6 Ways to take control of your day
In her TAA webinar, “The Academic Juggle: Managing Your Writing in a World of Commitments”, Dr. Jane Jones, an academic editor and consultant at Up In Consulting, shared the following six strategies for taking back control of your day, reducing the overwhelm, and feeling more accomplished professionally.
1) Track your time. Take inventory of your daily activities. You may find that you spend too much time on activities with lower return or that you have long stretches of time throughout the day that are unaccounted for.
2) Create boundaries. Including establishing times where you abandon the “open door” policy, find ways to keep distractions out and keep yourself in your work. In today’s connected world, email is a problem! Check it less frequently throughout the day and your stress will likely decrease.
3) Create moments of opportunity. Procrastination makes you feel overwhelmed and fearful of your writing. Find opportunities throughout the day to do something. Small tasks help maintain momentum and just 30 minutes a day of consistent writing can produce more results than two 4-hour “binge” sessions a month.
Dr. Jones suggests making a list of “front burner” activities – things that take 15-30 minutes to complete – and keeping the list on hand for those moments of opportunity that arise throughout the day.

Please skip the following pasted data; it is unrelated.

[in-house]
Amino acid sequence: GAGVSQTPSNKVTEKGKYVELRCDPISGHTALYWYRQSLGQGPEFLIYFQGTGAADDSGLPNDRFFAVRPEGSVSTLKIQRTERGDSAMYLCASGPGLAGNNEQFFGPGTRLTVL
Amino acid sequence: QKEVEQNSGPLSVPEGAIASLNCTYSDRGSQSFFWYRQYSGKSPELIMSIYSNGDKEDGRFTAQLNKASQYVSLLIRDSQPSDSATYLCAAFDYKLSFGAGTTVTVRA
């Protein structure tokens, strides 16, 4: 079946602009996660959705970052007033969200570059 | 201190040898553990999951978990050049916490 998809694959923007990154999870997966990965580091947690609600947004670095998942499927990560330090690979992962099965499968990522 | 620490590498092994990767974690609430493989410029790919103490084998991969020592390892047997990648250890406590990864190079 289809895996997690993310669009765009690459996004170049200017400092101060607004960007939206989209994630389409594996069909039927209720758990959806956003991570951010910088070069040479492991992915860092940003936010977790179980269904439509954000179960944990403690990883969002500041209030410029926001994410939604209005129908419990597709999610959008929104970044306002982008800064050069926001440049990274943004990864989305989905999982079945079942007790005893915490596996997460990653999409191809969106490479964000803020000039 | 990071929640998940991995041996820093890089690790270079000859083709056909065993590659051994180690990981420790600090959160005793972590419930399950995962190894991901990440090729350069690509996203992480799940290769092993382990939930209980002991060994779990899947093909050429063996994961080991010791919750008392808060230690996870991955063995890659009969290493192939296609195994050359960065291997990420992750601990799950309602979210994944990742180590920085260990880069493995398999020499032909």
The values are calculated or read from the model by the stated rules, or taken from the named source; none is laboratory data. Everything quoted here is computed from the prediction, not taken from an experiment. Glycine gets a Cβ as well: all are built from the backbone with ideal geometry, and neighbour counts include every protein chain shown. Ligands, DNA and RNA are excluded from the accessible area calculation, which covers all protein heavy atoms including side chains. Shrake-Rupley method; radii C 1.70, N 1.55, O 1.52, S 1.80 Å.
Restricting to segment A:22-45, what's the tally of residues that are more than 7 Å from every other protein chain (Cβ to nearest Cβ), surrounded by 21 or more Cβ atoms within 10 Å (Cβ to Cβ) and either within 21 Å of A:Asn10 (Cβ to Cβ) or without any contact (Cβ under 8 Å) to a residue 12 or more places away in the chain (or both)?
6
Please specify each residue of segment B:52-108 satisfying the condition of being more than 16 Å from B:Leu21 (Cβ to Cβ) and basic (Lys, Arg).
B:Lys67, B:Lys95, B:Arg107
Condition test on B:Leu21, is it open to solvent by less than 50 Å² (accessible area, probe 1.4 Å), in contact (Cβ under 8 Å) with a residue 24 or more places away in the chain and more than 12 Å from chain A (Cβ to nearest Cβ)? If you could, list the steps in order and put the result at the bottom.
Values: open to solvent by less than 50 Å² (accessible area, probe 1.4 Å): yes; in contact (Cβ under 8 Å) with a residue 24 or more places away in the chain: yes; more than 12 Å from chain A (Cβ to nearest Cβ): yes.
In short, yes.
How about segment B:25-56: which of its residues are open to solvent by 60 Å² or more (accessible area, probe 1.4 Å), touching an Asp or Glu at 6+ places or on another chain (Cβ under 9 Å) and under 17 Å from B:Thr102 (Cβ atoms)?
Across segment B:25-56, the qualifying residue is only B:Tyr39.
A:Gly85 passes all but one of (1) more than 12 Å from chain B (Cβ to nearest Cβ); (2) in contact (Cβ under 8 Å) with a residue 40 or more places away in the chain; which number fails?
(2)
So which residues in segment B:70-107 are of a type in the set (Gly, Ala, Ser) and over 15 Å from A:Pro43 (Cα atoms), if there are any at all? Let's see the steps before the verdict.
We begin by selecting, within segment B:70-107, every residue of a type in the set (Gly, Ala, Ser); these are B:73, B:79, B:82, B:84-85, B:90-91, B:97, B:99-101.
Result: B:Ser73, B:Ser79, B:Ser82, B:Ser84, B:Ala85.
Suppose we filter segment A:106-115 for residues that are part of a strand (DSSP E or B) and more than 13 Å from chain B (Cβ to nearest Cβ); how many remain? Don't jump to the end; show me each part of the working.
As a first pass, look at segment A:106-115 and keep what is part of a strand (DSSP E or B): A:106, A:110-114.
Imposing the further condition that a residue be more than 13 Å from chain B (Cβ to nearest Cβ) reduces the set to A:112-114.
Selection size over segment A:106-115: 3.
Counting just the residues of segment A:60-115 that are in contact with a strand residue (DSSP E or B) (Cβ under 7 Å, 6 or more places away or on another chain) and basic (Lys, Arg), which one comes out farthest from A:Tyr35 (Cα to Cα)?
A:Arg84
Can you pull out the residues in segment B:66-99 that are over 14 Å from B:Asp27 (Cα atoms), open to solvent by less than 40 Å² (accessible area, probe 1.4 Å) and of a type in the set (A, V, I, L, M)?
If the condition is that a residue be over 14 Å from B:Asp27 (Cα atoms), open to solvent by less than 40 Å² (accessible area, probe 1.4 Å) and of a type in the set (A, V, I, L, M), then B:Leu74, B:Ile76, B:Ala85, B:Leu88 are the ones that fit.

4) Set goals. Create a variety of goals, both in time (daily, weekly, and monthly) and importance (deadlines, passion-based, external pressure, time needed, and long-term importance). Be sure to make time for all of them, especially the long-term goals that are often neglected.
5) Sequence your tasks. Determine what is important and get it done first. Don’t put off your important tasks until you have “enough time” – you likely won’t.
6) Create systems of accountability. It’s easy to break promises to yourself or to let yourself down when working toward your goals. And writing can be lonely. By creating a system of accountability and connecting with a writing partner, it’s harder to let them down, even when it’s your goal they’re expecting you to accomplish.
Implement these six strategies to take back control of your day and make steady progress on your work.